Manufacturing employment in Colorado inched up over the past year, though at a slower rate than in previous years, reports the 2017 Colorado Manufacturers Directory®, an industrial database and directory published by Manufacturers’ News, Inc. (MNI) Evanston, IL. According to MNI, manufacturers in Colorado added 703 new jobs between June 2015 and June 2016, or just a third of one percent, as losses in the oil/gas extraction sector offset major gains in other industries.
Colorado’s 6,109 manufacturers employ 212,693 in the state. MNI data shows Colorado manufacturing employment has completely recovered from the recession, adding 15,073 industrial jobs, or nearly 8%, since June 2010.
“Colorado’s workforce is among the nation’s best educated, and the state gets high marks for fostering a business environment where innovation thrives,” says Tom Dubin, President of the Evanston, IL-based publishing company, which has been surveying industry since 1912. “However, gains have slowed over the past year as global competition and a strong dollar continue to challenge growth, and falling oil prices have put a dent in the state’s oil and gas extraction sector.”
Food processing sector leads in Colorado
According to MNI, employment gains were led by Colorado’s flourishing food processing sector, which climbed 4.1% over the year, and currently ranks first in the state for industrial employment with 26,418 jobs.
Second ranked industrial machinery also posted a gain, up one percent over the year to 23,224 jobs. Third-ranked electronics employs 23,043, up 3.1%.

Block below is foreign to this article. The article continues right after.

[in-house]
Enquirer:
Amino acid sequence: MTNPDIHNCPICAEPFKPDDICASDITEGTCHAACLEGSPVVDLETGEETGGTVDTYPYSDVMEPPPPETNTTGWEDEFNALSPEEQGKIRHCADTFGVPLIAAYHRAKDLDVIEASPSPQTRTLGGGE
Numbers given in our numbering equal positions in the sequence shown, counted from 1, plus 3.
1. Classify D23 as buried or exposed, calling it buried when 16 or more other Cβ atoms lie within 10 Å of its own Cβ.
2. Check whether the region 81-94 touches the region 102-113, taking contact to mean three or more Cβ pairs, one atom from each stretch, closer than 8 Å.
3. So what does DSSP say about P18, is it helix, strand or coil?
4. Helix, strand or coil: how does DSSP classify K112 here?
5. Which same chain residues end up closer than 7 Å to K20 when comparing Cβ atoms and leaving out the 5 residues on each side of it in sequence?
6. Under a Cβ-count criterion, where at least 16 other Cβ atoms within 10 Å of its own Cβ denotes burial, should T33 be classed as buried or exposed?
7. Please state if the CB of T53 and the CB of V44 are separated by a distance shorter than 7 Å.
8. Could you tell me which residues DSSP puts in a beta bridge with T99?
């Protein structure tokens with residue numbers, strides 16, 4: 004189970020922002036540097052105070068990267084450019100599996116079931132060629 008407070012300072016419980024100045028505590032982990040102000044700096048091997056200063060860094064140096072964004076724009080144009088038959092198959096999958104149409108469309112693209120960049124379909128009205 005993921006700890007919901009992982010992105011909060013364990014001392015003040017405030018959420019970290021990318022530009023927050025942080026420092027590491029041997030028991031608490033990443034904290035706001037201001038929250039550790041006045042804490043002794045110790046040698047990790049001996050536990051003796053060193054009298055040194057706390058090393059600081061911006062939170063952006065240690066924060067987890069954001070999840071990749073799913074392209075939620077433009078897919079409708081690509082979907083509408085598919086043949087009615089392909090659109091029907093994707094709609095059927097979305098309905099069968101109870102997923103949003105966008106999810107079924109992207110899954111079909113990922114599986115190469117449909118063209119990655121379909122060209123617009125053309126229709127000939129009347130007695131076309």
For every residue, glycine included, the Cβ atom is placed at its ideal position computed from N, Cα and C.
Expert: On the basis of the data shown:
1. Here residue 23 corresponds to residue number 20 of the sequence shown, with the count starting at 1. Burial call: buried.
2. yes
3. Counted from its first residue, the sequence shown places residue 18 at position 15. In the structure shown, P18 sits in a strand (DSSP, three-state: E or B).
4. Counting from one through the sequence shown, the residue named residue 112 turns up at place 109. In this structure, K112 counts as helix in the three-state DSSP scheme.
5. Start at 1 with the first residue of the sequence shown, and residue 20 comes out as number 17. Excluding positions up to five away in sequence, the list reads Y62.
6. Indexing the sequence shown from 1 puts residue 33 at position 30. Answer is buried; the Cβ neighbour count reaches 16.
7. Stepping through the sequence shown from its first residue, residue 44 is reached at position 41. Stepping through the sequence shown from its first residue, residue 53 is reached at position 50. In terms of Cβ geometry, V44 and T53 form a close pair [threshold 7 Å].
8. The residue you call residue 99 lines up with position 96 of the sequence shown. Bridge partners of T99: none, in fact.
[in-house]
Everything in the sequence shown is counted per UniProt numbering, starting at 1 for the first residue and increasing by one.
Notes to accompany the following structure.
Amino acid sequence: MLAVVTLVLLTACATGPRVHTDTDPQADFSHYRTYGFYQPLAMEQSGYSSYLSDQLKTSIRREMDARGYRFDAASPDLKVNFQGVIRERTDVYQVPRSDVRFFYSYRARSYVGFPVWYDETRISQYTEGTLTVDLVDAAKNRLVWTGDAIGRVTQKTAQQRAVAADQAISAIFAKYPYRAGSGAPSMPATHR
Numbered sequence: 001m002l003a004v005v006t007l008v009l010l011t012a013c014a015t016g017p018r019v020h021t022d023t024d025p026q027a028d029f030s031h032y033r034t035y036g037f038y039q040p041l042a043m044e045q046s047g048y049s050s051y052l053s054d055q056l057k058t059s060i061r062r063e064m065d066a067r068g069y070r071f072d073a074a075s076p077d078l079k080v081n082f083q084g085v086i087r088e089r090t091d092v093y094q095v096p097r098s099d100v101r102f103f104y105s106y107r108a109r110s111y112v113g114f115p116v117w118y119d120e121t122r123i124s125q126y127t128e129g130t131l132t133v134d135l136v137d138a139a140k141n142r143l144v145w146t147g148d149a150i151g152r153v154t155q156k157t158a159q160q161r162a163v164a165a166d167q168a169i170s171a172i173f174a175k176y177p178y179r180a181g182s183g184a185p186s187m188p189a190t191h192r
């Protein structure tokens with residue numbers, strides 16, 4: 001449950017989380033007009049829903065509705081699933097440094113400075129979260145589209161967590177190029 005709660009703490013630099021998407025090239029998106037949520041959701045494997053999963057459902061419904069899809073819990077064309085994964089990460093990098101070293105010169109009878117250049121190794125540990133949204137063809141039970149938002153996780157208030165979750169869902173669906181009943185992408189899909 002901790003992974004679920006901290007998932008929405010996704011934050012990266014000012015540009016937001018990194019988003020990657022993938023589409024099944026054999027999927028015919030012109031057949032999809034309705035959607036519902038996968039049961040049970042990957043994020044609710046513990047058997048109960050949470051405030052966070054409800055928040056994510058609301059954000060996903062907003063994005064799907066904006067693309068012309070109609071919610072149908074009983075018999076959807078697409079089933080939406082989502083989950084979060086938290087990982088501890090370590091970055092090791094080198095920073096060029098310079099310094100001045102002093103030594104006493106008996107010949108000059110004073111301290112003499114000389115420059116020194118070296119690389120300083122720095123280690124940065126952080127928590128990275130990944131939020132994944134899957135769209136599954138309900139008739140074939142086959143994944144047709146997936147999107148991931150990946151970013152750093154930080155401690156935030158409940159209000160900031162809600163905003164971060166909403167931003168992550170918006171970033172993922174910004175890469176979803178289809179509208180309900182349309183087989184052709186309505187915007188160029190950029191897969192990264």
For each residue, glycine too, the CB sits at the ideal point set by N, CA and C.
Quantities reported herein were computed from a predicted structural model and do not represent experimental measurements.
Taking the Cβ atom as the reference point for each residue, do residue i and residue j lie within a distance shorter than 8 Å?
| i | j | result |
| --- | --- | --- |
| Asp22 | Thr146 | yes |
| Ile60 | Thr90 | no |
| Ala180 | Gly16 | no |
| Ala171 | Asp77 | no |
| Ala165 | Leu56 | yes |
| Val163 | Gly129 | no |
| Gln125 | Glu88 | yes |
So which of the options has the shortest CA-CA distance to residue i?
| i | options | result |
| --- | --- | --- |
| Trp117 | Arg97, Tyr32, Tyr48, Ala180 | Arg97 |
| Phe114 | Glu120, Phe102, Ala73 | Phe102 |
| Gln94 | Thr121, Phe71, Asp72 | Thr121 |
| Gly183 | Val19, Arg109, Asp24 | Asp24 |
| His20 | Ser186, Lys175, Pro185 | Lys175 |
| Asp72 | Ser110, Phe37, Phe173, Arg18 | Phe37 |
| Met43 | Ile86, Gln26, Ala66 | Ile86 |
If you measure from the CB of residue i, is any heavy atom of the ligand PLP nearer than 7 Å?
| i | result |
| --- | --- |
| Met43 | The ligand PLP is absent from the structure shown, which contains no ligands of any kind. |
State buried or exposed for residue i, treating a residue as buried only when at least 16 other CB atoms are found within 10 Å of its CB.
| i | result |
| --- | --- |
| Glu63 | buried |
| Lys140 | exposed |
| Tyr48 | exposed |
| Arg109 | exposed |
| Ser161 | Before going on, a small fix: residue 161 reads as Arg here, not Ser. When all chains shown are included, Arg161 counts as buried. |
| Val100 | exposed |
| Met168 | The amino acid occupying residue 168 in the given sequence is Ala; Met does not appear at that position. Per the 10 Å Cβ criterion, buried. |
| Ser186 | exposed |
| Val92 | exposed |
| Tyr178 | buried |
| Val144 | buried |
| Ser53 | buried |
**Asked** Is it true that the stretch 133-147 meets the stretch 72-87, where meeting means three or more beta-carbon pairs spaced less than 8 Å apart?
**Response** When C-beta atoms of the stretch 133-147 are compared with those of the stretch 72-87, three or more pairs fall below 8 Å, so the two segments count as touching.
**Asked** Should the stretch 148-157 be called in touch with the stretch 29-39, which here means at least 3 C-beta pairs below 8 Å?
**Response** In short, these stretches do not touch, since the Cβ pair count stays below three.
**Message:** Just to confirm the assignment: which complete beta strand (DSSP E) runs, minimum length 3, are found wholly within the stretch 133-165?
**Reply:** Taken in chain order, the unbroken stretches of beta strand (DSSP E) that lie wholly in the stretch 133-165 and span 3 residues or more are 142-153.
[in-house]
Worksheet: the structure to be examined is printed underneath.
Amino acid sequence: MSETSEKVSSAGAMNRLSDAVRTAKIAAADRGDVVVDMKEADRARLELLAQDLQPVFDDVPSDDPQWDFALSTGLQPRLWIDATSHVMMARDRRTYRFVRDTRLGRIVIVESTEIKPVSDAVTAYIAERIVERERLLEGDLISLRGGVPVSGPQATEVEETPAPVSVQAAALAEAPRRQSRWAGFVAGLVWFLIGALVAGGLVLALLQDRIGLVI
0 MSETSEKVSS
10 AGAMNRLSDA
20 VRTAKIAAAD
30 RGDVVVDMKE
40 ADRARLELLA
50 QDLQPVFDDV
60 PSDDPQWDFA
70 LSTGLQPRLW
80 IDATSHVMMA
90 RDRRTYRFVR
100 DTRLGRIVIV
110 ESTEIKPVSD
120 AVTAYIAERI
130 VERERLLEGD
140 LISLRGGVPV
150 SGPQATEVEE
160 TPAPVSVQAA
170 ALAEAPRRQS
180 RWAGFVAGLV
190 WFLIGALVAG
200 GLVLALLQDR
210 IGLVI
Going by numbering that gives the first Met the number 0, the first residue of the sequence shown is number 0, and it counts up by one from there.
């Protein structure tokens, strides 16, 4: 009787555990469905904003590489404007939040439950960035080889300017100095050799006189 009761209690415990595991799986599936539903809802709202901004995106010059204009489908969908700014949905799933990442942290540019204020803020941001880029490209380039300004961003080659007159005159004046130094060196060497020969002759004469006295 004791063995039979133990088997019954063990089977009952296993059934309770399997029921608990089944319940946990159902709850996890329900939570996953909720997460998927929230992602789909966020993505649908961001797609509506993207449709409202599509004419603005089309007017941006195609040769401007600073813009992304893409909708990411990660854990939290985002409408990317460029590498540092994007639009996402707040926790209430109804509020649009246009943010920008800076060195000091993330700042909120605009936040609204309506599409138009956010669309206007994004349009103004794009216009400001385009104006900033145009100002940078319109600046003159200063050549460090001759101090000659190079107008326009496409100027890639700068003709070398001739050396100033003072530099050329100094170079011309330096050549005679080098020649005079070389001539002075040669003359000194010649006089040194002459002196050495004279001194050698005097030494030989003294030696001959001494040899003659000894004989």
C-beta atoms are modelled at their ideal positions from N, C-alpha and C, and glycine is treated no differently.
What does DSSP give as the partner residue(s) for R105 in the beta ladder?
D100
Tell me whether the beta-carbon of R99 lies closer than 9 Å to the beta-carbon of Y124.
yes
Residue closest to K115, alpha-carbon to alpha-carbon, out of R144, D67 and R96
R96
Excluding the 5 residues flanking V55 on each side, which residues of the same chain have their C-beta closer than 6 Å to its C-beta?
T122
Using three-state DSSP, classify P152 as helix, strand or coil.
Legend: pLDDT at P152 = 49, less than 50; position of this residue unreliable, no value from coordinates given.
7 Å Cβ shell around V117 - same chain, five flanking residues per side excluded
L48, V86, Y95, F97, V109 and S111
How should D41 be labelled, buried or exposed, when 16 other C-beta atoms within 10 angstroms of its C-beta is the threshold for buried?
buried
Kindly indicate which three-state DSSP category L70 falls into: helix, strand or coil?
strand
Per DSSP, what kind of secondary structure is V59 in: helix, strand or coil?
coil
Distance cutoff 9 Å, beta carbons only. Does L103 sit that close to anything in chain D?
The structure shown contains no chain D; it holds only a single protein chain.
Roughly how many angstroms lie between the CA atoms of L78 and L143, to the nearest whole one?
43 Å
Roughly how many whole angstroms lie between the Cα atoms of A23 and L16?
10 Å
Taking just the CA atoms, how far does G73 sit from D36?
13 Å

Other Colorado industries gaining jobs included medical instruments and related products, up 3.5%; lumber/wood, up 3.1%; chemicals, up 1.6%; and transportation equipment, also up 1.6%.
Colorado openings and closings
Several major Colorado plant openings were announced over the year, including SAS Manufacturing LLC, which established a facility in Englewood; helium producer Air Products, which opened a new operation in Doe Canyon; and Pure Vision Technology, which broke ground on a hemp-processing facility in Fort Lupton.
Employment losses in the oil/gas extraction sector offset these gains however, with jobs in the sector down by 9.4%, or 1,738. Other industries that lost jobs in Colorado included furniture/fixtures, down 5.6%; petroleum products, down 4.9%; primary metals, down 3.9%; and printing/publishing, down 3.7%.
Colorado industrial sites announcing closures included Leggett & Platt’s mattress spring factory in Colorado Springs; Safeway’s bread processing plant in Denver; a Quad/Graphics facility in Loveland; and Lake Region Medical’s plant in Arvada.
MNI’s regional data shows gains were concentrated in Colorado’s Northwest region, with employment up 1.2% to 61,572 jobs. Industrial employment levels were unchanged in Northeast Colorado, which accounts for 138,001 jobs, and also held steady in Southwest Colorado, which accounts for 6,837. Manufacturing jobs declined 6.7% in the state’s Southeast region, which is now home to 6,283 workers.
Denver, Colorado Springs top manufacturing cities
Denver is Colorado’s top city for manufacturing jobs, with 41,409 workers, down 1% over the year, reports MNI. Industrial employment in second-ranked Colorado Springs was unchanged at 17,180 jobs. Third-ranked Englewood accounts for 14,647 jobs, with no significant change reported, and fourth ranked Boulder accounts for 12,233, also virtually unchanged. Littleton accounts for 9,754 industrial jobs, up 1.9% over the year.